Since Connolly's arrival he has implemented most changes sooner than expected and says the international business is ahead of the curve. 2012 will be the year of the evergreens and of the live action teen show, "Victorious." In 2013 there will be an explosion of activity with Turtles, Winx and Umizoomi. Connolly is excited to be able to say: "Yes, there is another competitor in the market place."

SpongeBob SquarePants–A European Journey

  • SpongeBob SquarePants is the most widely distributed property in VIMN's history, seen via syndication and on Nickelodeon channels in 141 countries and territories in 37 languages, with consumer products distributed all over the world. It was introduced 11 years ago and has generated over $11 billion at retail to date. A ninth season has just been greenlit.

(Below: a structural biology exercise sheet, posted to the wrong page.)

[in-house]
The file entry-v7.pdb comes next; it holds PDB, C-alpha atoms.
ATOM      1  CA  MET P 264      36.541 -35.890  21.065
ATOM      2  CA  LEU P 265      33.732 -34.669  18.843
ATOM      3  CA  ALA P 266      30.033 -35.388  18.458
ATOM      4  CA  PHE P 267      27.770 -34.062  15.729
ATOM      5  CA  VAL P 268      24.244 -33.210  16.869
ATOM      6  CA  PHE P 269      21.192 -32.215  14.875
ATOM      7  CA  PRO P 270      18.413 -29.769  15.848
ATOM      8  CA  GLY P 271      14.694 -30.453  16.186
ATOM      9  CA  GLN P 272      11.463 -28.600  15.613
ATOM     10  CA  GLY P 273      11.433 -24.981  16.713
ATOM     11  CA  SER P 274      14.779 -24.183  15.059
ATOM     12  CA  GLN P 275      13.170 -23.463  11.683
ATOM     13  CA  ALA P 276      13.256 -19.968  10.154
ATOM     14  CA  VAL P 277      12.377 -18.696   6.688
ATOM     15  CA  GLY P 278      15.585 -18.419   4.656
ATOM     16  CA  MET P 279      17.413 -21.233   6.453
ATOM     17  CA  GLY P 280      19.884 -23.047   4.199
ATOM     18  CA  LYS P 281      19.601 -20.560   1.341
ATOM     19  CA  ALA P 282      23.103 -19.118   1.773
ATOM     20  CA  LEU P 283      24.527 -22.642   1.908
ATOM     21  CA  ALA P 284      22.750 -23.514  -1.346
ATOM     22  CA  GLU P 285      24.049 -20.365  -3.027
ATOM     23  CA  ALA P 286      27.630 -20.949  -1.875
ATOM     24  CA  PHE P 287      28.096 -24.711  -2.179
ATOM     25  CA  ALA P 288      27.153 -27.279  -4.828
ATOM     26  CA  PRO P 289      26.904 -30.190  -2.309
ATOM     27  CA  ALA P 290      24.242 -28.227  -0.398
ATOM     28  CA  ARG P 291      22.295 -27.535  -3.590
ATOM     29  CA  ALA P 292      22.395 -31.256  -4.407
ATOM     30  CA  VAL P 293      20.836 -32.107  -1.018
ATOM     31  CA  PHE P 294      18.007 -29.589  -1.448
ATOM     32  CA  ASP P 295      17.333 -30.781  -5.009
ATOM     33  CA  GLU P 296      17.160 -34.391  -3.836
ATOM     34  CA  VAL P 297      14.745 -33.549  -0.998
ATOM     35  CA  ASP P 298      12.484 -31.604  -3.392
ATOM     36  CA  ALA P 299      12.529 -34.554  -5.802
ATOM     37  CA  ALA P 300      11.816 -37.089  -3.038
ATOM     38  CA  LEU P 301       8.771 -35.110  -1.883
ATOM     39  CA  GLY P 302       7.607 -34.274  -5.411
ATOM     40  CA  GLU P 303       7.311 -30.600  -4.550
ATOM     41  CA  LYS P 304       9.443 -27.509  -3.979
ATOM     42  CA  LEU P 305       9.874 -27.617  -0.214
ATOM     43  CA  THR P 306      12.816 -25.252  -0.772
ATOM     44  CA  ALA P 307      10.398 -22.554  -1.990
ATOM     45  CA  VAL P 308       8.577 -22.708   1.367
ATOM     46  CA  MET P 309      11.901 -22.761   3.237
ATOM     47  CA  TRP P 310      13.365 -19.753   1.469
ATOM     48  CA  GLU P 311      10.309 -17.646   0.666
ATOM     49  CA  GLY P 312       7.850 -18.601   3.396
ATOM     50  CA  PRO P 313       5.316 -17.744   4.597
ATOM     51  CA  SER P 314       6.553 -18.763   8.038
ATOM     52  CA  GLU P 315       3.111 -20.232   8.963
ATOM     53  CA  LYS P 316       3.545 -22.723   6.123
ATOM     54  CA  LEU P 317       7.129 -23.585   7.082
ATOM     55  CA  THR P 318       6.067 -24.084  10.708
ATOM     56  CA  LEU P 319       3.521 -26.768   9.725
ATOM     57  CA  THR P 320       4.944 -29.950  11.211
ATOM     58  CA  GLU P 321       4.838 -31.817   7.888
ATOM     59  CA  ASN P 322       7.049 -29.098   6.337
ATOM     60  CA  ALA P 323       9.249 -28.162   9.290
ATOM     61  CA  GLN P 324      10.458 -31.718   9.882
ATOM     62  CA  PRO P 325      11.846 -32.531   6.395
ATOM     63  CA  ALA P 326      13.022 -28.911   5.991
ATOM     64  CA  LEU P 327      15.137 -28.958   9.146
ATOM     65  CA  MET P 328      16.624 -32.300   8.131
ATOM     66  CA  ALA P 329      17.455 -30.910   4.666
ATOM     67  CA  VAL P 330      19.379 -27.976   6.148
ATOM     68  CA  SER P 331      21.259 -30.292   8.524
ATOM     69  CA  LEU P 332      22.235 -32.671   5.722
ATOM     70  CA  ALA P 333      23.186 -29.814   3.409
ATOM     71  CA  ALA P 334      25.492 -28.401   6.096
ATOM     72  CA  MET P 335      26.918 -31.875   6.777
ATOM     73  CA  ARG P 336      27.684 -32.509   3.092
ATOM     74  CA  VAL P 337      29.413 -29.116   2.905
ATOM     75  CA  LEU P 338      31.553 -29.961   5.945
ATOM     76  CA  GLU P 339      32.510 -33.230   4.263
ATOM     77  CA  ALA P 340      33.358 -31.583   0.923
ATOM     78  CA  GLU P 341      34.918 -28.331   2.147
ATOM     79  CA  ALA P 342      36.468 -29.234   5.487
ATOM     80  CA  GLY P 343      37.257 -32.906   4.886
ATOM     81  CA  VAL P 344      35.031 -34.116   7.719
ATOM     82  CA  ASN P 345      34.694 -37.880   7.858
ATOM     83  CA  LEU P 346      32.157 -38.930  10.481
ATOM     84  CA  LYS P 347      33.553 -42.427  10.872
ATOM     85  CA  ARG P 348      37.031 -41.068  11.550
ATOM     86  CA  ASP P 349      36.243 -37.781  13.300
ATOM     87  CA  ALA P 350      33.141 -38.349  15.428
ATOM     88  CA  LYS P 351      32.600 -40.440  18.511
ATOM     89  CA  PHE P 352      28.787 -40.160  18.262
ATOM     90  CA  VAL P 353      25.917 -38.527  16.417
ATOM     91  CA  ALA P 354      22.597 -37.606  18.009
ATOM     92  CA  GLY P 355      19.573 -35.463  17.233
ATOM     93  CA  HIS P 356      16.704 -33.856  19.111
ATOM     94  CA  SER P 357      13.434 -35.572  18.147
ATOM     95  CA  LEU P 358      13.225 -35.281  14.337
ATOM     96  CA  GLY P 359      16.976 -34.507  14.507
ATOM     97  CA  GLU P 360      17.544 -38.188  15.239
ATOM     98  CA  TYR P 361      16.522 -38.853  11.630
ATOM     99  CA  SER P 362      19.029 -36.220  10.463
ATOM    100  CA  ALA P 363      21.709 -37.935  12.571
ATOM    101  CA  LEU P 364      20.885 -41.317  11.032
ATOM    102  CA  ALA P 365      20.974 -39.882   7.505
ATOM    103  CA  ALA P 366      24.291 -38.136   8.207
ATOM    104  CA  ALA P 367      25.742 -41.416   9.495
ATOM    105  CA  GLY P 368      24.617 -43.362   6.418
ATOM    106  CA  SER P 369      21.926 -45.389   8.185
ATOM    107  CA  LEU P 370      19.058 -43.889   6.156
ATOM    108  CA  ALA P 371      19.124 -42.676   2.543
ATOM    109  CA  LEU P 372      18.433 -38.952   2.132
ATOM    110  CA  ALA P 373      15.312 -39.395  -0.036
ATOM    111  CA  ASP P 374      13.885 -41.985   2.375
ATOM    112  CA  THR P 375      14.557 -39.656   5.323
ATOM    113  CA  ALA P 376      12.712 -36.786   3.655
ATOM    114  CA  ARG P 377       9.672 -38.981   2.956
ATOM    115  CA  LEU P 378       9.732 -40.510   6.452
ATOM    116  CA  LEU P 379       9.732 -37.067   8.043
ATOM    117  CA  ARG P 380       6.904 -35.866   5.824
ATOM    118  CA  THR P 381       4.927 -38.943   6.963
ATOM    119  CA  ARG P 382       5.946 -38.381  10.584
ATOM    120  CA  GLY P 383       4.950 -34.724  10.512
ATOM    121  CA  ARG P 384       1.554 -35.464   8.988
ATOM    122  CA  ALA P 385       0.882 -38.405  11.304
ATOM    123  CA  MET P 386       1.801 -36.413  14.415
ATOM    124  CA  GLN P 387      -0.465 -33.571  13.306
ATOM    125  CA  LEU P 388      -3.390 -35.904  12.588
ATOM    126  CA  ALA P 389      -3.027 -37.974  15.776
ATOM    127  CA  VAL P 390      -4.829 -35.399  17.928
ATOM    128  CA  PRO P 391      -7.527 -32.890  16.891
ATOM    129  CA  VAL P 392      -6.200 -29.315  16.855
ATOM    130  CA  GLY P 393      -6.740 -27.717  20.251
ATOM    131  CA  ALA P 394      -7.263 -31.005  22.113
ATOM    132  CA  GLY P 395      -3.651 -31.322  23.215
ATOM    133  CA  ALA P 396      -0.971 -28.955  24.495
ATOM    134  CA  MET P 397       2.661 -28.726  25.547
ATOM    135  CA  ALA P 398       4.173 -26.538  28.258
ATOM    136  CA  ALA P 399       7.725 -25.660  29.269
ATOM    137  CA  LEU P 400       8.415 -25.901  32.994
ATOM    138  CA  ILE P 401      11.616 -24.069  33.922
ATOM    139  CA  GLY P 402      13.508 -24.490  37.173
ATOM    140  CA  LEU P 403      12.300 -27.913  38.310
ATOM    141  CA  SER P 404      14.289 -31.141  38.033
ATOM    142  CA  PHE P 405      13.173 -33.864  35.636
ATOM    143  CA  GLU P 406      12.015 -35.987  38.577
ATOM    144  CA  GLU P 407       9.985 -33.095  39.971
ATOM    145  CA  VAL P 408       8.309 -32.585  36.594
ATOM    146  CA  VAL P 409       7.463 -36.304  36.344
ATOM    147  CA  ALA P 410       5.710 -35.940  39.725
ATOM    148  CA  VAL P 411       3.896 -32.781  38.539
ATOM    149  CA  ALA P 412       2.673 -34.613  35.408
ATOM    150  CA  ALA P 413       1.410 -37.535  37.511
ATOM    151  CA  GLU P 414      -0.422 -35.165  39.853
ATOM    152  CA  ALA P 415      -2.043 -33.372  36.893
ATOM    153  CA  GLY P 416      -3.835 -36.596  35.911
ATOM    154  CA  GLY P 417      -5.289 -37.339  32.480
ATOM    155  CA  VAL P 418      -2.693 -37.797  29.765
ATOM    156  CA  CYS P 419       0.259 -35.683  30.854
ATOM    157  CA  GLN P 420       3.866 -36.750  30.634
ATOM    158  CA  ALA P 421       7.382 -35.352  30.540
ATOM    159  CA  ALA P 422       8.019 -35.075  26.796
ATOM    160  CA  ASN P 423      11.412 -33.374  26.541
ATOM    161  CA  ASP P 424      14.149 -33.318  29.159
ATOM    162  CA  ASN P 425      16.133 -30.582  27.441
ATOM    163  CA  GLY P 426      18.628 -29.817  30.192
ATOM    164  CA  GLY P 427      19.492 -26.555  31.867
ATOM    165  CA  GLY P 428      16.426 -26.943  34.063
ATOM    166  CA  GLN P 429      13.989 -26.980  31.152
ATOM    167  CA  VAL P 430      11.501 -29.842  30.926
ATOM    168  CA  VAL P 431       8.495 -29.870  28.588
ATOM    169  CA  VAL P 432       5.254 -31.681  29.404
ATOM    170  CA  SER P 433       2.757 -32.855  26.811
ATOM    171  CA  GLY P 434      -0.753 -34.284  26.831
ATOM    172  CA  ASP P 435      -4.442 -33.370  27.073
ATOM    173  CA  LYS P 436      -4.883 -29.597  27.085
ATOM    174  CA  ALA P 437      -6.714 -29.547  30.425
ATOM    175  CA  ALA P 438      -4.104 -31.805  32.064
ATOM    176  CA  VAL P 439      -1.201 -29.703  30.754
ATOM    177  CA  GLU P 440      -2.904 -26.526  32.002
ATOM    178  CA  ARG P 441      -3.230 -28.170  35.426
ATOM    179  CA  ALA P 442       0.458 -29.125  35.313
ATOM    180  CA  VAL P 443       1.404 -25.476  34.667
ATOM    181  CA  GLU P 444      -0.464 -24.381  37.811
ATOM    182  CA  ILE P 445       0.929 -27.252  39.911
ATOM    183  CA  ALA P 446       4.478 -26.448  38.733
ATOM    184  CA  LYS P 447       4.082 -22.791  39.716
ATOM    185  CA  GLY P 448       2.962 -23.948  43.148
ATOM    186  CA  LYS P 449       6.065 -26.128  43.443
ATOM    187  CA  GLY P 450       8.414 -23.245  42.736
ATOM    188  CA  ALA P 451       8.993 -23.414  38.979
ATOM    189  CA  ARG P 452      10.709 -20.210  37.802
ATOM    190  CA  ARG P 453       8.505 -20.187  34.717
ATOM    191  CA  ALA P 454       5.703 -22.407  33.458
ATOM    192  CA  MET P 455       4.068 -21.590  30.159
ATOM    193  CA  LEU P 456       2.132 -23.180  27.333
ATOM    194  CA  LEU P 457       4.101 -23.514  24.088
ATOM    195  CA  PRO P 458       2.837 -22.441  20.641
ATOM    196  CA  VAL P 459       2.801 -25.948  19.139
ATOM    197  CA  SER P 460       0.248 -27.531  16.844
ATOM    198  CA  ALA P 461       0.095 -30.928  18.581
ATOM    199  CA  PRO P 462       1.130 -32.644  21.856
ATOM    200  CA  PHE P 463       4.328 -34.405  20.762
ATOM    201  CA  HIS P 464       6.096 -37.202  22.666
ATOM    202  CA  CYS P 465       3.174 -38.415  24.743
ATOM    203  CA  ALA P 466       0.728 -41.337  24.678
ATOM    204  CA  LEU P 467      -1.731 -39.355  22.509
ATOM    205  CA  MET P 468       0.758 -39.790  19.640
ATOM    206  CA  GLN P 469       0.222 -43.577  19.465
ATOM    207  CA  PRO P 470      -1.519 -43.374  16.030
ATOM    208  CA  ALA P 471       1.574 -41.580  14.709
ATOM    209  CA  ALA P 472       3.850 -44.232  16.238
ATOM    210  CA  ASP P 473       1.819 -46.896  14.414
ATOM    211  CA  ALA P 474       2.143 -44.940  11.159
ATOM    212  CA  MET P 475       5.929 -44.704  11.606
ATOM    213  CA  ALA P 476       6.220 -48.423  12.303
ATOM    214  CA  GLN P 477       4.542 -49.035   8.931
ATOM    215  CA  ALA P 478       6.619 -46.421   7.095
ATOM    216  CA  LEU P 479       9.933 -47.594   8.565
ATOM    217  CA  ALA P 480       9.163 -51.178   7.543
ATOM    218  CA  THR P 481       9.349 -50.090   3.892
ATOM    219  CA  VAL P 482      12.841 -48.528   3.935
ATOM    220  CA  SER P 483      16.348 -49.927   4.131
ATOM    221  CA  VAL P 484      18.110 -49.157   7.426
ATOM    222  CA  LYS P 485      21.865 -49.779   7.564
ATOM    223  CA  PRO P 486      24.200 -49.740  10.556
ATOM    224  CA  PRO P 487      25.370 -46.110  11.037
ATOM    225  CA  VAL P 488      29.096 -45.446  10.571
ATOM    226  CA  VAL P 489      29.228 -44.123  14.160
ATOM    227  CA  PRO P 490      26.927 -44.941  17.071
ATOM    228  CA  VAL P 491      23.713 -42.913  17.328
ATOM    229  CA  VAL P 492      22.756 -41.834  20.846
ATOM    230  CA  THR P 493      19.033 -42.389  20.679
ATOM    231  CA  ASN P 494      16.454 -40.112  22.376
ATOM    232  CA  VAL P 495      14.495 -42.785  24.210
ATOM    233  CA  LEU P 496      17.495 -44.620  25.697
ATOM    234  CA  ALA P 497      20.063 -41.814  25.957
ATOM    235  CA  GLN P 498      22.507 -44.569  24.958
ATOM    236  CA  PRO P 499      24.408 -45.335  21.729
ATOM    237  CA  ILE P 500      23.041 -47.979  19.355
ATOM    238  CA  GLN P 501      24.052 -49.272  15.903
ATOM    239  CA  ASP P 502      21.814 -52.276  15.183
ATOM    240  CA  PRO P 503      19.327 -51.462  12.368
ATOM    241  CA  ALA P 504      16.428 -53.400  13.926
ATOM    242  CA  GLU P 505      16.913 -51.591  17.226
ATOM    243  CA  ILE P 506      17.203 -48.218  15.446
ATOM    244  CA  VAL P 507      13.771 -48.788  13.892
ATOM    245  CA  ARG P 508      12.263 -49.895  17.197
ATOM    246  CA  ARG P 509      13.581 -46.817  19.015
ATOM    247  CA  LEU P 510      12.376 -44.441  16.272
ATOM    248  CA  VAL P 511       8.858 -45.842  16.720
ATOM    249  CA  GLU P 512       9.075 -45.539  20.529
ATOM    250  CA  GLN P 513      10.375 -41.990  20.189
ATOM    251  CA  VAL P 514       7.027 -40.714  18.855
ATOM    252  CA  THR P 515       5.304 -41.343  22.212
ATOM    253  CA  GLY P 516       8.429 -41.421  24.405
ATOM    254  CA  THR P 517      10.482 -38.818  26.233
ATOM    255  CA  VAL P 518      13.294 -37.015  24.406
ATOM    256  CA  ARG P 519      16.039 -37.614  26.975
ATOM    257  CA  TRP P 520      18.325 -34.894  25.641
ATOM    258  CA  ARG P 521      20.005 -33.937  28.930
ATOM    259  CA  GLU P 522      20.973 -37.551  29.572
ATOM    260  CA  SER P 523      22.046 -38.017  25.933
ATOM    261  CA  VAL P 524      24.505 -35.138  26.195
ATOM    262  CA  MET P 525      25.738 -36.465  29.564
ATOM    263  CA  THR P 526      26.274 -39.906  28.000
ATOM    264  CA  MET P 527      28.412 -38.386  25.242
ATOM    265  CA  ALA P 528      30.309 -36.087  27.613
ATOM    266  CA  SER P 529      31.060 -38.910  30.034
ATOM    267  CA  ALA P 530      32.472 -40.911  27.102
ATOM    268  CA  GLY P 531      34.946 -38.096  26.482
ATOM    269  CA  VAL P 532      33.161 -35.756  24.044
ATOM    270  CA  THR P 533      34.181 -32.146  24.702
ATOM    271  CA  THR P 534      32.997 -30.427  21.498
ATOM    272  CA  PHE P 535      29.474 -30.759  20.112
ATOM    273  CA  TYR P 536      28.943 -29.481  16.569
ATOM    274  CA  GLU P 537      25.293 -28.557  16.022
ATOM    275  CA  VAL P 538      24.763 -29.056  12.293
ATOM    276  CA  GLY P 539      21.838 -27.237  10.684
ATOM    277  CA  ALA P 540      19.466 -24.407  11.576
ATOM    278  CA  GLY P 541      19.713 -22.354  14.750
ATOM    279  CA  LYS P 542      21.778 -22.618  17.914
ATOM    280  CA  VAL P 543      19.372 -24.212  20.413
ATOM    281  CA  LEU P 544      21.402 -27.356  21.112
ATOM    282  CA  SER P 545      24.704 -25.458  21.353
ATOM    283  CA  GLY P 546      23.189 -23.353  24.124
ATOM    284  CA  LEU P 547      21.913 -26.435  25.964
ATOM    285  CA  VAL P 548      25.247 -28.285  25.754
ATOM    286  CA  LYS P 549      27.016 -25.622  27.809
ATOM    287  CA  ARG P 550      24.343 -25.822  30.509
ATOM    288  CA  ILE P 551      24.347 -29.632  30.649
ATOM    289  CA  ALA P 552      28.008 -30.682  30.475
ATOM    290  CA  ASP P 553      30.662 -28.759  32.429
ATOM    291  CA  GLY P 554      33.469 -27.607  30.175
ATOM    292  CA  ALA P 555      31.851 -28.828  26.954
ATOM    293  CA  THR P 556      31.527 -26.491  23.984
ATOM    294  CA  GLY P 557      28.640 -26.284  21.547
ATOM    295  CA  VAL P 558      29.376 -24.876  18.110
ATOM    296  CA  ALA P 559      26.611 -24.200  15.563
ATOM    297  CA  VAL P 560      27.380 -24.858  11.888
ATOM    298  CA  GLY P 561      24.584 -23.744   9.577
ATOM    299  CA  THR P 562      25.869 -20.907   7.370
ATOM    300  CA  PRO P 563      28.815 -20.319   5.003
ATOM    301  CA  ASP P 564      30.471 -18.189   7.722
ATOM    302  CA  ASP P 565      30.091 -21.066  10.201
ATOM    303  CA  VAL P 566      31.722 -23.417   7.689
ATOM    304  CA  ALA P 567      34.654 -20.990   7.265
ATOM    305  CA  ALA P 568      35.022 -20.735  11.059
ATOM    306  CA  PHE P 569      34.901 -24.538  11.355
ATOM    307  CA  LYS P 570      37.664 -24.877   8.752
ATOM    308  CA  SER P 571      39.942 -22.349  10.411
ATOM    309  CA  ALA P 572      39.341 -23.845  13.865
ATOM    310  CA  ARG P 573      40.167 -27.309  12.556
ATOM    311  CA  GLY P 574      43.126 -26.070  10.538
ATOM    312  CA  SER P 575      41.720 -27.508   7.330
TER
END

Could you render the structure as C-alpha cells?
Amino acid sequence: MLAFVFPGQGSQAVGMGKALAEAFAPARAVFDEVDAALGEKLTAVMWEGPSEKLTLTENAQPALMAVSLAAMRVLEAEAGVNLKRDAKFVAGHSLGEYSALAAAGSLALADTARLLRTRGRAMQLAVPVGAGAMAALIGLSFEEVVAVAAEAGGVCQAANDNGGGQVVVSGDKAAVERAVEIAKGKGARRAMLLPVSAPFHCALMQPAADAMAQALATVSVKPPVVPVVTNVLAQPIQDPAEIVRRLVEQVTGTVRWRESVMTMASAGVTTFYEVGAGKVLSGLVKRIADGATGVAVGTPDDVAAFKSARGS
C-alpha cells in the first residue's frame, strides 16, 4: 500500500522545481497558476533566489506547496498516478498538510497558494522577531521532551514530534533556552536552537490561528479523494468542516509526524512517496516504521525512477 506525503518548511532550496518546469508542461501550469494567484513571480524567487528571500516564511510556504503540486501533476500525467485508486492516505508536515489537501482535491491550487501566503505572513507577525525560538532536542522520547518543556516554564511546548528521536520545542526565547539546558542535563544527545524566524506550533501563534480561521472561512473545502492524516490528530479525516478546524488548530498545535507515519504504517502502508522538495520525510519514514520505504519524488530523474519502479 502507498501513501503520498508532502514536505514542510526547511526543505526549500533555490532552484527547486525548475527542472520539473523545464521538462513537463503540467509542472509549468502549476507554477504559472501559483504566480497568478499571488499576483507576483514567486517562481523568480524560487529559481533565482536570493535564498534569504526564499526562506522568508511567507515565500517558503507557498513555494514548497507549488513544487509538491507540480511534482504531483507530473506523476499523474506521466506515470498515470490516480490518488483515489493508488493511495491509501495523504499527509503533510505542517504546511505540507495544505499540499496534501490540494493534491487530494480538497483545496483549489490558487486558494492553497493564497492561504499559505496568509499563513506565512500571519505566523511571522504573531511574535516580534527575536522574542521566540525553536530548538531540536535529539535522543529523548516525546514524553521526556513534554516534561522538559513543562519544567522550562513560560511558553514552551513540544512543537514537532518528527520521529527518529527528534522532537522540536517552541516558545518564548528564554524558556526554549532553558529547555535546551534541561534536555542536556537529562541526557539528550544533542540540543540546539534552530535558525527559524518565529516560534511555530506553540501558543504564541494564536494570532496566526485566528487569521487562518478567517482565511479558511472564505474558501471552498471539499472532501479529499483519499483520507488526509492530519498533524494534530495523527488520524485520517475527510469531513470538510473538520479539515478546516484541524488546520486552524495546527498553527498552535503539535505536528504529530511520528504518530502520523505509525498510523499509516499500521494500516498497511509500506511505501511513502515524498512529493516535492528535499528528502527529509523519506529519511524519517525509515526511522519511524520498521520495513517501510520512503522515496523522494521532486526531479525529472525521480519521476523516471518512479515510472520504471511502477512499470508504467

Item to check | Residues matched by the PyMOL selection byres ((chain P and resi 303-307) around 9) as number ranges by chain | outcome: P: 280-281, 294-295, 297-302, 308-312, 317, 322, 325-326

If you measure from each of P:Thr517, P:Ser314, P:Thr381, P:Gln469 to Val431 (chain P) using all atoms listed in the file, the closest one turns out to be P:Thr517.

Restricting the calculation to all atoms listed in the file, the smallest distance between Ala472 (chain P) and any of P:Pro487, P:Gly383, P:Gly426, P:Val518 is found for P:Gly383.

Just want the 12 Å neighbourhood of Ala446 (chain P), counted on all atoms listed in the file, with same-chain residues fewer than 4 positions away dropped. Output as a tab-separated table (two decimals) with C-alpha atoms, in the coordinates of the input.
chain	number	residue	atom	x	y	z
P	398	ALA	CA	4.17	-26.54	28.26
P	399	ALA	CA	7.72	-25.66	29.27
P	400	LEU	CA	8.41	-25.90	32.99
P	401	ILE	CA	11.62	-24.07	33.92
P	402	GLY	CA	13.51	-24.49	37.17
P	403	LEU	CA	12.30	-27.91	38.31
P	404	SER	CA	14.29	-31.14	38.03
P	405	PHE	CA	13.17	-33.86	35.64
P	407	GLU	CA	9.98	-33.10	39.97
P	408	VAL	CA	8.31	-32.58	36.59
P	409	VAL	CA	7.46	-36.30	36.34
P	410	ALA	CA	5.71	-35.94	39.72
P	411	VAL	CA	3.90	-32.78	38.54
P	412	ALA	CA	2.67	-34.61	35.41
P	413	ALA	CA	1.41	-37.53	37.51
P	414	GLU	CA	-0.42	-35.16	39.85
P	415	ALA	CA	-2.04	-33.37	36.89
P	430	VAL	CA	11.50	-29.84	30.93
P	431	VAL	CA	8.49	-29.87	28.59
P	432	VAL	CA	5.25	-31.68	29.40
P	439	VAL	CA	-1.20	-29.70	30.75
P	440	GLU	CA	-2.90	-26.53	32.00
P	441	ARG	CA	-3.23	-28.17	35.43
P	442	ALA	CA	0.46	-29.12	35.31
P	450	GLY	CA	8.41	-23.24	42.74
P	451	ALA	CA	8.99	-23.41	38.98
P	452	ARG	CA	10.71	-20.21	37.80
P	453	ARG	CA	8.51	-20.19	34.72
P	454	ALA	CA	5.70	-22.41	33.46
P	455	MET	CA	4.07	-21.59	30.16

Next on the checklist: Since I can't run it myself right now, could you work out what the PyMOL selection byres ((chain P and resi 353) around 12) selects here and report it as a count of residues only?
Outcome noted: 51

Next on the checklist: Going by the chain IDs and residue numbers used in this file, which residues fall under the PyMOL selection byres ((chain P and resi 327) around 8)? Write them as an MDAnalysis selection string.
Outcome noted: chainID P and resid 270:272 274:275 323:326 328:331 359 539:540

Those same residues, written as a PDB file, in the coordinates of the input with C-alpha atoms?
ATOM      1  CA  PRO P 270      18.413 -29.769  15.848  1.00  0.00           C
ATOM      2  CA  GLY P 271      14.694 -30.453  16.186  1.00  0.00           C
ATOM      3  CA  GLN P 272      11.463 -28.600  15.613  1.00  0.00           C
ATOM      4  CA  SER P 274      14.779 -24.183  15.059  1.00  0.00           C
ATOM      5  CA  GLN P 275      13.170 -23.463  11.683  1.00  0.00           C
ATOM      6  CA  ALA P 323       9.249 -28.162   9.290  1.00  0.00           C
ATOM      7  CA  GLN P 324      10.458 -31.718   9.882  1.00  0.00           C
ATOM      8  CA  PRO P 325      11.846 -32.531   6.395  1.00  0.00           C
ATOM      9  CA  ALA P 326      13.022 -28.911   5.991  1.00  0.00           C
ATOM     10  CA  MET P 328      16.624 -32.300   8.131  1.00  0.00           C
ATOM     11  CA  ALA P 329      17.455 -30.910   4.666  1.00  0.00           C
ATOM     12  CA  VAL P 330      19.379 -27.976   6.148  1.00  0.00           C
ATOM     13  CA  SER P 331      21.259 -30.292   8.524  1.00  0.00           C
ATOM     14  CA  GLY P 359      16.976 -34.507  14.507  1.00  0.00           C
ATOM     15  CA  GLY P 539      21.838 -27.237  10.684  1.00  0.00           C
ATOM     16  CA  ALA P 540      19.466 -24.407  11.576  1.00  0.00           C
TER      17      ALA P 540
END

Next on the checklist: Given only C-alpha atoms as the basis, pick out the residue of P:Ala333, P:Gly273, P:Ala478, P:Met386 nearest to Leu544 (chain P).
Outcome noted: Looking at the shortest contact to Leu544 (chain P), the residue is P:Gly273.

• The brand is at different stages of maturity across Europe. In markets like Germany where it is an established evergreen, there are more than 100 licensing partners across 14 product categories.
  • To expand the consumer demographic in mature markets, the NCP creative team has been creating new SpongeBob style guide themes such as SpongeBob Creative Youth, DoodleBob, SpongeBob Blueprint and SketchBob for tweens and adults.
  • In Russia the brand is just making a start, but is showing fast growth. And in Spain the consumer products program began rolling out last year. Since, SpongeBob has become the country's No. 2 most popular brand with the fastest ever growth (source: NPD). Now there are more than 100 licensees and 3,500 SKUs.